Can We Change Our Golf Story?
If Bryson DeChambeau can change his spots, why can’t this leopard do so too?
Or am I trapped inside the body and mind I was born with and there’s just no escape?
How many of us have entered into a new golf season determined to be different, to be better, to look at things anew? How many of us start out the new year with renewed faith, a determination to change, only to lapse into old habits. In his book Take Relief, good friend and fellow Woburn Golf Club member Sam Jarman says:
“...how golfers think and feel just shows the strength of an illusion most of us never escape from."
So do we believe DeChambeau when he says he vows to ignore the expectations of others?
“For me, I'm going to continue to grow my game in the best way I possibly can, being a better putter, chipper, wedger, long driver, everything. As time goes on, I have to rein in those expectations and just learn to be me. Don't try and be anybody else.”
Let’s cut DeChambeau some slack and take his words at face value. He’s going to be an interesting watch this season.
“The aim is to simplify rather than complicate. To strip away layers of thinking rather than add. To reveal truth rather than obscure it.”
But what is truth? Surely we are who we are and there’s no escape from it, not matter how hard we try?
In The Lost Art of the Short Game, which is on my bedside table at the moment, authors Gary Nichol and Karl Morris ask:
“Is it possible that YOU could develop the short game skills to rival the very best players in the world?”
Big question, which they answer emphatically:
All that’s missing is the exclamation mark.
Nichol and Morris talk about the need to change “Your story” to succeed:
“If you keep telling yourself that you’re a no-good loser … you will not only start to believe that story, but your subconscious will go in search of evidence to support that narrative."
Sound familiar? It does to me.
We all create personas for ourselves that we often become trapped inside, even if we still tread the crooked paths this game throws at us in hope. Arnold Haultain, that metaphysical of all golf writers, noted that as far back as 1908, when he first published his intriguing tome The Mystery of Golf. Haultain wrote:
“The duffer is puzzled at the extraordinary fascination which his new-found pastime exercises over him. He came to scoff; he remains to play; he inwardly wonders how it was that he was so long a heretic; and, if he is a proselyte given to Higher Criticism, he seeks reasons for the hope that is in him.”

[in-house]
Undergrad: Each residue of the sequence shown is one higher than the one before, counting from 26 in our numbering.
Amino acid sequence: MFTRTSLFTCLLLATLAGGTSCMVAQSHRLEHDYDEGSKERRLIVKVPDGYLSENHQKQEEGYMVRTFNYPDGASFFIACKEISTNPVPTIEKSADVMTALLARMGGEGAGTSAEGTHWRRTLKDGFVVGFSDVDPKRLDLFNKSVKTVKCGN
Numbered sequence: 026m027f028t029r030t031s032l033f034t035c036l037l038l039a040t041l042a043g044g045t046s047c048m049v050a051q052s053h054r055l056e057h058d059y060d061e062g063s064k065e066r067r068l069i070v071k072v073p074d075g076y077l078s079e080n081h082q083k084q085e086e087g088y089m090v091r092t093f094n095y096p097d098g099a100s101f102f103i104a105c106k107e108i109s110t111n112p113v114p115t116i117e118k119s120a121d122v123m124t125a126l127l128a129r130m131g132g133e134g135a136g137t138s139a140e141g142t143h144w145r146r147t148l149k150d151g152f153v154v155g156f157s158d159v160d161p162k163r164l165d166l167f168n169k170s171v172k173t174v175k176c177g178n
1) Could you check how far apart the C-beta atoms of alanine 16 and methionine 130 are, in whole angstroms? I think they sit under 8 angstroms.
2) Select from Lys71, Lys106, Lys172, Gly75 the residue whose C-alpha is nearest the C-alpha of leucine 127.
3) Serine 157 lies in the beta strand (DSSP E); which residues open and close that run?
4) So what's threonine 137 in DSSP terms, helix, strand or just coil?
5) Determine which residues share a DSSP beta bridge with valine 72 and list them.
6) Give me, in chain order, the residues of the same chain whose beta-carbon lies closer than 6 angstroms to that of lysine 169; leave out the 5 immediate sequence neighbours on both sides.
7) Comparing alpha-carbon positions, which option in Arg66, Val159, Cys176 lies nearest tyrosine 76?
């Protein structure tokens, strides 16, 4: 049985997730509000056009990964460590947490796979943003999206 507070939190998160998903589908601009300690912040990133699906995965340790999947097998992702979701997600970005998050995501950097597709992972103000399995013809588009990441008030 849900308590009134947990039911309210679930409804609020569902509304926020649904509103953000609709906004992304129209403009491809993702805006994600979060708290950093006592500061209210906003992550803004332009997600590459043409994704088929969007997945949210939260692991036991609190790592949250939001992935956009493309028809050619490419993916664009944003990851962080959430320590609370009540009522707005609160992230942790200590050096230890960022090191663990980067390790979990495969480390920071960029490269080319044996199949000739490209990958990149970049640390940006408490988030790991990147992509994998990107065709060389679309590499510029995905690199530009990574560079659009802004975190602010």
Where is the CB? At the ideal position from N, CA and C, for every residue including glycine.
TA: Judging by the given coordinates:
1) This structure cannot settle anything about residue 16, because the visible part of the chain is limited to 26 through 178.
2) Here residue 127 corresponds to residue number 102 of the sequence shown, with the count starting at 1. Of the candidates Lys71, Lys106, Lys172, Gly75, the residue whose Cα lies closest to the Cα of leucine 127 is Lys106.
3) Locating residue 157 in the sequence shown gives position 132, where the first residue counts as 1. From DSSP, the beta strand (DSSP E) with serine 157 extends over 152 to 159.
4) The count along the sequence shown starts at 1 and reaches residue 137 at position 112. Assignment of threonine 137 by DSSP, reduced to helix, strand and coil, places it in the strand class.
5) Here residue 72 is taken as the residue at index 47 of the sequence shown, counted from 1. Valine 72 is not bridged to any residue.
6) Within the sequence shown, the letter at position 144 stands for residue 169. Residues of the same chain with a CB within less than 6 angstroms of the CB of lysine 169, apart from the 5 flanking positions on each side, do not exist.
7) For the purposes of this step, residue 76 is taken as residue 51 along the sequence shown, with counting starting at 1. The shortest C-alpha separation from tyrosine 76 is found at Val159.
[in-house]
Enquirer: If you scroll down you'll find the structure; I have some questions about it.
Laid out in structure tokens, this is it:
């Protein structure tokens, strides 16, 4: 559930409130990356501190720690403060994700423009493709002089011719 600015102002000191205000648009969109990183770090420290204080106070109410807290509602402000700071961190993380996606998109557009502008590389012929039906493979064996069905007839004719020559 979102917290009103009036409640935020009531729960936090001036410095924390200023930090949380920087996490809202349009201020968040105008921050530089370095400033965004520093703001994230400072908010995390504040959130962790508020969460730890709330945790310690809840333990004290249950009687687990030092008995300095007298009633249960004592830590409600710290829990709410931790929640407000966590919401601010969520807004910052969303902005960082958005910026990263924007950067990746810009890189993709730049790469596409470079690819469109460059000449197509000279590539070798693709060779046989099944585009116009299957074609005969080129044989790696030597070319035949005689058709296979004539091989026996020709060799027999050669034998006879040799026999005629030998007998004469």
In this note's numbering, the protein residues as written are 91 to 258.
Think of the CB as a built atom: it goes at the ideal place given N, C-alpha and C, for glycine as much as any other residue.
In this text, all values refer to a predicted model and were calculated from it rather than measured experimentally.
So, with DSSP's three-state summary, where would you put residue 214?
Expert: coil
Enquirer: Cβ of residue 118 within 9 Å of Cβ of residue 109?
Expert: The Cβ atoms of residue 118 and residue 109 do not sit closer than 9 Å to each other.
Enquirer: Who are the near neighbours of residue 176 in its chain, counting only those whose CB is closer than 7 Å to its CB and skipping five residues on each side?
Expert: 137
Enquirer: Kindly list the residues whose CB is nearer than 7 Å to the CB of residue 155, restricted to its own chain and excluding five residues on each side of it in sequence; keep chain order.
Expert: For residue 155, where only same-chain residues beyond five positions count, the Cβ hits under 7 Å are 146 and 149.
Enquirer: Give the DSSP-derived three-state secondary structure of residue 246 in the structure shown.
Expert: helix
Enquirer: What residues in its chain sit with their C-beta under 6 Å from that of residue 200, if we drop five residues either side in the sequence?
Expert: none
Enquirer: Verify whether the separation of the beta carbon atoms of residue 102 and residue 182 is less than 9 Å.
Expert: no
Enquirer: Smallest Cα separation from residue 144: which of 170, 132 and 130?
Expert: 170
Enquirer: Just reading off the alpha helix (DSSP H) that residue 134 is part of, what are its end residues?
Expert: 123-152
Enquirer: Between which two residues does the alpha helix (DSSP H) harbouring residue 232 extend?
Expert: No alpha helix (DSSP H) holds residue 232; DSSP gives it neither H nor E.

In short, the duffer is hooked and wants nothing more than to crack golf’s code.
And yet, truth is many of us who play this game reach a certain handicap and never get beyond it. Many get worse instead of better despite no end of lessons, new clubs, practice.
Why? What is it about this game over most other sports that often the more you try the worse you get?
Nichol and Morris assert:
“Reading this book may be the first step on your journey to short game improvement but ultimately you need to take action.
“The concepts and principles within these pages alone cannot turn you into a genius around the greens. The concepts and principles within these pages alone cannot turn you into a genius around the greens. It is up to you to go out and experiment with them and then implement some concepts, ideas and principles we believe will create a much happier ending to your story.”
Isn’t that what we all want: a much happier ending to our story?
I certainly do.
So, without further ado I can state categorically this year is going to be different for yours truly. I’m going to change my habits, take a new approach to find out, like DeChambeau, how to be me and find a happy ending to my golf story?
I’ll keep you posted. Hope you find a happy ending to your story too in 2022.
P.S. With the above in mind, I’ll be blogging less frequently in 2022. I’ll still write regularly on a weekly basis, perhaps 3-4 four times a week, but not the 6-7 times I have been doing. Other than improving my golf, I have other things going on in my life I want to focus on too which takes up my time. Those Munros aren’t going to climb themselves, you know…
#JustSaying: To be disciplined from within, where all is permissible, where all is concealed – that is the point.” Montaigne